Customers value empathy from small businesses, new post-lockdown study shows

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Charlotte Harrison, owner of the Beauty Bar, in Parnell Auckland, says she added more online services and communications with customers during lockdown.

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Charlotte Harrison, owner of the Beauty Bar, in Parnell Auckland, says she added more online services and communications with customers during lockdown.

The Covid-19 pandemic has shifted what consumers expect of small businesses, a study commissioned by global accounting software company Xero found.

The study found that increasingly consumers in the five countries surveyed expected small businesses to show empathy and that could include having special rules to protect customers, extending business hours and having delivery options.

The research showed 93 per cent of New Zealand consumers would trust a business, buy more, and/or recommend it to friends and family, if it demonstrated empathy.

The study conducted by Forrester Consulting for Xero found businesses used technology and digital sources to help them adapt to Covid. In New Zealand a quarter invested in operational software, almost a half based decisions on customer feedback while 41 per cent based decisions on online research.

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Once the lockdown was lifted business bounced back for the Beauty Bar in Parnell, Auckland.

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Once the lockdown was lifted business bounced back for the Beauty Bar in Parnell, Auckland.

Auckland beauty business owner Charlotte Harrison added more online services and communications with customers during lockdown to bring in some income and has kept those going since.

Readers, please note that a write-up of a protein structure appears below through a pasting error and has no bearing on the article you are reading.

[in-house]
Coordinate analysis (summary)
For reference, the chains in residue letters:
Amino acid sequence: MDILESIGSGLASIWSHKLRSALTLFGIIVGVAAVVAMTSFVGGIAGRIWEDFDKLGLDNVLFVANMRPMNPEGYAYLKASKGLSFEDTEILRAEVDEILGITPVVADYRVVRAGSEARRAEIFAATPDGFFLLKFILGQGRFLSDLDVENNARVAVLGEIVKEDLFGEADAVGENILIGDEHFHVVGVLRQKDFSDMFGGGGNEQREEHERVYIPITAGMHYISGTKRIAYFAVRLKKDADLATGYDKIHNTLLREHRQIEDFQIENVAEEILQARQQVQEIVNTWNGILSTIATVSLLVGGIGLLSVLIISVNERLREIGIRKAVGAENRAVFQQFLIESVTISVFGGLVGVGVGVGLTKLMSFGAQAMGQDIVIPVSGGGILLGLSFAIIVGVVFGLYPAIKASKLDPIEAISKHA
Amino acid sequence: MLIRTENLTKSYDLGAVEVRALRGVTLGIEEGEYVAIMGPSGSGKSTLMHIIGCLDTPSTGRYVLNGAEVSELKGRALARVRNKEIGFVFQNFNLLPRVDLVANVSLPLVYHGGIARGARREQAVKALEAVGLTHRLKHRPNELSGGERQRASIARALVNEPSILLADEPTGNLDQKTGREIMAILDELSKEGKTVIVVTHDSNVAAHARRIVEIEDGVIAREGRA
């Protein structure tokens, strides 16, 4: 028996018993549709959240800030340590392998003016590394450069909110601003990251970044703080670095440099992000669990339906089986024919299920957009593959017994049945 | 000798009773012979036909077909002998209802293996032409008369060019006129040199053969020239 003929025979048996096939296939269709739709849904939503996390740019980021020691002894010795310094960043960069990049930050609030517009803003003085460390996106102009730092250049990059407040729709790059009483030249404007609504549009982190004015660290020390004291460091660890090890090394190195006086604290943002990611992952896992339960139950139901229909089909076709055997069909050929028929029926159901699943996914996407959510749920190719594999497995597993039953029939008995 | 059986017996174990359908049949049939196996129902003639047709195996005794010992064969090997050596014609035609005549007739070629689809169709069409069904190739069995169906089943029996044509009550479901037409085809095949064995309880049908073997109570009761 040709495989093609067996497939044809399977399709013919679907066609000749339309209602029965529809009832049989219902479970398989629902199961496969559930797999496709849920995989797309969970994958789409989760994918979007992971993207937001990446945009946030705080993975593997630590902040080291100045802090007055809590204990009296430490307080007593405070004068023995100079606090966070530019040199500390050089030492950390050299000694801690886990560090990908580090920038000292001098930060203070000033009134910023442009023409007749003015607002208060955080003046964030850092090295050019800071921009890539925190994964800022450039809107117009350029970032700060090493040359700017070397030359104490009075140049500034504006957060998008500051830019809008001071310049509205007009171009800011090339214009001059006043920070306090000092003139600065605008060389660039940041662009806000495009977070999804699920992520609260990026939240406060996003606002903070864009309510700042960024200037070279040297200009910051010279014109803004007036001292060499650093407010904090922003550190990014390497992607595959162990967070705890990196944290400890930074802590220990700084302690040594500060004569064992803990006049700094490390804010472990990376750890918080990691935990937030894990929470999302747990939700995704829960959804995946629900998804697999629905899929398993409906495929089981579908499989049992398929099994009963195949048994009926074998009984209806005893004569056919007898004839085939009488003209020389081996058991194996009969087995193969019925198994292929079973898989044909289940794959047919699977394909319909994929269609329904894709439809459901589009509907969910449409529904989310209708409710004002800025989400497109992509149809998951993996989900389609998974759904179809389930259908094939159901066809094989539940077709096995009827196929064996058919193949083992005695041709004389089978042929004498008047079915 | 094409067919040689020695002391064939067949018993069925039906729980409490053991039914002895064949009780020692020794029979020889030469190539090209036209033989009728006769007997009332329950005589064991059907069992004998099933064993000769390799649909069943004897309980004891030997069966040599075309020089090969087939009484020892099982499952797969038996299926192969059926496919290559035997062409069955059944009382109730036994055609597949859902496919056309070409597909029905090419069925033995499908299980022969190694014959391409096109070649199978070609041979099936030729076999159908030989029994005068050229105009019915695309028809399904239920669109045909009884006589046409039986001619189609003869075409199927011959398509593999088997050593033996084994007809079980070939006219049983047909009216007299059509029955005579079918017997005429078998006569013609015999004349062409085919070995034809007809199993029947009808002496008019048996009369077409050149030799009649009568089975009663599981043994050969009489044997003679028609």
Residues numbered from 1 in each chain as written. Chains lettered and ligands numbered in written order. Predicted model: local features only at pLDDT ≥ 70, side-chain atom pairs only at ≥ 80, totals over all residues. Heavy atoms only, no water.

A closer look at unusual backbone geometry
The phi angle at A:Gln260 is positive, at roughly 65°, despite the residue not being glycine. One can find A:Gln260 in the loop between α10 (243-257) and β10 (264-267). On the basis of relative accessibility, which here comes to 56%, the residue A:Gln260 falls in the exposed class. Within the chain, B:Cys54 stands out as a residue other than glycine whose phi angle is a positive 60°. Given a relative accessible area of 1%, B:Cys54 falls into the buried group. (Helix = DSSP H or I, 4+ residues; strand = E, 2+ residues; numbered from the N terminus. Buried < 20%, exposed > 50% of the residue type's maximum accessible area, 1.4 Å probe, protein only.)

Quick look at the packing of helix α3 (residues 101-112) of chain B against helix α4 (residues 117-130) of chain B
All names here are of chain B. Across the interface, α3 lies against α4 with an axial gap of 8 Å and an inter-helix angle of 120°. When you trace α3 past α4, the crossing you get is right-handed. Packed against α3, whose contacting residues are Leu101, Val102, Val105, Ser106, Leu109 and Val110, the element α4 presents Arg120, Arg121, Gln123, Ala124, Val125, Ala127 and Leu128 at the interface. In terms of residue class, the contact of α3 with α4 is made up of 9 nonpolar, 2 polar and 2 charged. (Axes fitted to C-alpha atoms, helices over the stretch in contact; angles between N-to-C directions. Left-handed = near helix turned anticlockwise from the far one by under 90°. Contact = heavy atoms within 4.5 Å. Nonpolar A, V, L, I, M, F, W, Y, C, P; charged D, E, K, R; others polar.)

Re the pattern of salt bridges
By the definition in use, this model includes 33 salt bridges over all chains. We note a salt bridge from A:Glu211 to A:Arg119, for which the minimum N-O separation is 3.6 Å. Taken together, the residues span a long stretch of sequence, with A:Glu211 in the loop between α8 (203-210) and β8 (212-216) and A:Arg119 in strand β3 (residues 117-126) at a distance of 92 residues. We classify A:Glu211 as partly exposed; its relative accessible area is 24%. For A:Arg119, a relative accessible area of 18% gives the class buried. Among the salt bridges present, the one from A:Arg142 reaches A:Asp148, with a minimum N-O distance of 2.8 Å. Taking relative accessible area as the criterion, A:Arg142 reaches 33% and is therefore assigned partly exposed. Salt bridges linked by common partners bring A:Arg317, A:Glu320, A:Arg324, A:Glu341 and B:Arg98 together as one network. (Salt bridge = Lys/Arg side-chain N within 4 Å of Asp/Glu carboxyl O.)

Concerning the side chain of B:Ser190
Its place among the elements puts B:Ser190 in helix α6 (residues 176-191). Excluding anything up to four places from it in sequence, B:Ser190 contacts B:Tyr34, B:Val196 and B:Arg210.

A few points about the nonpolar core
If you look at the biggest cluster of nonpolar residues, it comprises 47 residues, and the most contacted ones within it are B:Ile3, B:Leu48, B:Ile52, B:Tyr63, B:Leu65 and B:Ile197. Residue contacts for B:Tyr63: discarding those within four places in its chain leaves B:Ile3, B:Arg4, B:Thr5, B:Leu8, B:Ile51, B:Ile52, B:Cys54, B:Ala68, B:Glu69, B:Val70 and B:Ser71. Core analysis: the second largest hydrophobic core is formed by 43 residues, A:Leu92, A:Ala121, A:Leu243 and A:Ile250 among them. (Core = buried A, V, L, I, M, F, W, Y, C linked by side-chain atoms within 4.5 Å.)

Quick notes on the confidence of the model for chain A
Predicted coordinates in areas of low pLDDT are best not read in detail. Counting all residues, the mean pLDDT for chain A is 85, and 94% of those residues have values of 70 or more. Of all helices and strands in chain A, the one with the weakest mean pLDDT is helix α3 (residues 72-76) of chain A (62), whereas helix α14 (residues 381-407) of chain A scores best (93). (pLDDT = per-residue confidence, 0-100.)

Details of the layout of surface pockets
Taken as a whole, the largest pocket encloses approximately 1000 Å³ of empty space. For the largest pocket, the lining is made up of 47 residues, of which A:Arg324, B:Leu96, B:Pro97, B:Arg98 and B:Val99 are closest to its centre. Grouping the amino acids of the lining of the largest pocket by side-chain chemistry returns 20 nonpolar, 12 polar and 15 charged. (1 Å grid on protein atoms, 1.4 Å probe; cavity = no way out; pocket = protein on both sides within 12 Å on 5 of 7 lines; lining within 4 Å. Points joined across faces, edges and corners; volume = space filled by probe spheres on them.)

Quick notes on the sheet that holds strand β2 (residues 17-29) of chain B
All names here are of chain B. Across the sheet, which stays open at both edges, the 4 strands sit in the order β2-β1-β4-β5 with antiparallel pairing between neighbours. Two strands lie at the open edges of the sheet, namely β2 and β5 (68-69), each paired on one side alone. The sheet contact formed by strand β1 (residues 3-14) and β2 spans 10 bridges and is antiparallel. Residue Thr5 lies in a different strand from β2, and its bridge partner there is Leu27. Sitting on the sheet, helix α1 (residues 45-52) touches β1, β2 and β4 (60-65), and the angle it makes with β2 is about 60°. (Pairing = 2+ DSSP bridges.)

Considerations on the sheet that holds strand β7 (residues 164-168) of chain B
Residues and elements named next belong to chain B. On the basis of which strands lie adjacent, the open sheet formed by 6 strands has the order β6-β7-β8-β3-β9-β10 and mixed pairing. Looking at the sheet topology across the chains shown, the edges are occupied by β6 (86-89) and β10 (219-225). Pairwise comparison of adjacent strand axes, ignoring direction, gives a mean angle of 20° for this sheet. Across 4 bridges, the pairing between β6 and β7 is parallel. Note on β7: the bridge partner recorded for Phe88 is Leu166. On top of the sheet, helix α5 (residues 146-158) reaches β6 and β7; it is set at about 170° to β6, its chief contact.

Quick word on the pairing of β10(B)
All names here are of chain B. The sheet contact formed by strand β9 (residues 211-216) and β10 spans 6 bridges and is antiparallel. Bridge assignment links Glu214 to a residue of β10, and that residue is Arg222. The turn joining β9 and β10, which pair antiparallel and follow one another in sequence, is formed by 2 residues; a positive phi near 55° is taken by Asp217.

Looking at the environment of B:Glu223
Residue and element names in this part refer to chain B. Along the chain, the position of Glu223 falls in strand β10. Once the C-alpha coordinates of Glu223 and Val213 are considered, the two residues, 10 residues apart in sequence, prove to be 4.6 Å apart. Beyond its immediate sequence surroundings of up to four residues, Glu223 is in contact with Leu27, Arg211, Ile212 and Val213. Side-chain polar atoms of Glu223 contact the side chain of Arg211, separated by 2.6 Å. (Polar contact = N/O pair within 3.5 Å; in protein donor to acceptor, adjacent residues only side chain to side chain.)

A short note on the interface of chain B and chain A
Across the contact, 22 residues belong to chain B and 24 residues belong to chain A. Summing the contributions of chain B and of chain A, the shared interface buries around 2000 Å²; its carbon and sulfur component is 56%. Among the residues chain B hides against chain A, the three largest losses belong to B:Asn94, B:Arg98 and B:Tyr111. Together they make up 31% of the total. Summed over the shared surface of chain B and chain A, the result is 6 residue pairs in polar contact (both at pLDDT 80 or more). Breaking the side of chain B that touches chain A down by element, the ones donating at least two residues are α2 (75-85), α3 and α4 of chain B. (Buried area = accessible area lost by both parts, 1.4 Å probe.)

Customers were able to have free skin assessments through video apps Zoom and Facetime during lockdown and the Beauty Bar started selling all its products as well as vouchers online. It also started selling “at home facial kits” which could be used instead of coming in for a treatment.

Lockdown was stressful, especially the first one, but the business received the wage subsidy for staff and had a “really kind” landlord who reduced their rent and kept that going even after lockdown was lifted which reduced pressure on the business, Harrison said.

Once the first lockdown ended the business at the Beauty Bar in the affluent Auckland suburb of Parnell, bounced back with clients “almost banging the door down”.

“It was really cool to see that everyone was just so excited to come back in and I think everyone was kind of supporting local,” Harrison said.

Forrester conducted online surveys with 1012 owners of small businesses with fewer than 100 employees, and 1011 consumers who worked with or used small business services weekly in Australia, Canada, Singapore, New Zealand, the United Kingdom and North America.

The study found 47 per cent of Kiwi consumers reduced their spending with small businesses during the Covid restrictions, compared to the average of 30 per cent in the five countries. Stricter lockdown measures in level 4 were responsible for that, Xero said.

On the flipside 57 per cent of Kiwi consumers intended to increase their spending after lockdown compared to the average of 40 per cent in the five countries.

“These numbers show Kiwis’ commitment to shopping and spending locally once lockdown measures were lifted, and this support for their communities has enabled many Kiwi small businesses to keep going,” Xero’s Craig Hudson, managing director New Zealand and Pacific Islands, said.

Digital platforms created like Manaaki, Zeald, and SOS Business, brought Kiwis together to get behind small business, from free expert business advice to buying vouchers to get vital cash flow into cafes and restaurants who could not operate, Hudson said.

In New Zealand the leading reason Kiwis purchased from small business, 44 per cent said, was to contribute to their community.

In New Zealand 82 per cent of small businesses used Government support and almost 70 per cent used community support.

Small businesses that thrived during the restrictions were more likely to have increased their range of products and services, communicated well with customers on digital channels and adopted new strategies to get and keep customers.

They were also more likely to improve their finance, supply chain and employee management and had shown a higher proportion of online revenue.

They had been better at taking help from Government, partners, their communities, advisors, and looking at customer insights before making important business decisions, Xero said.



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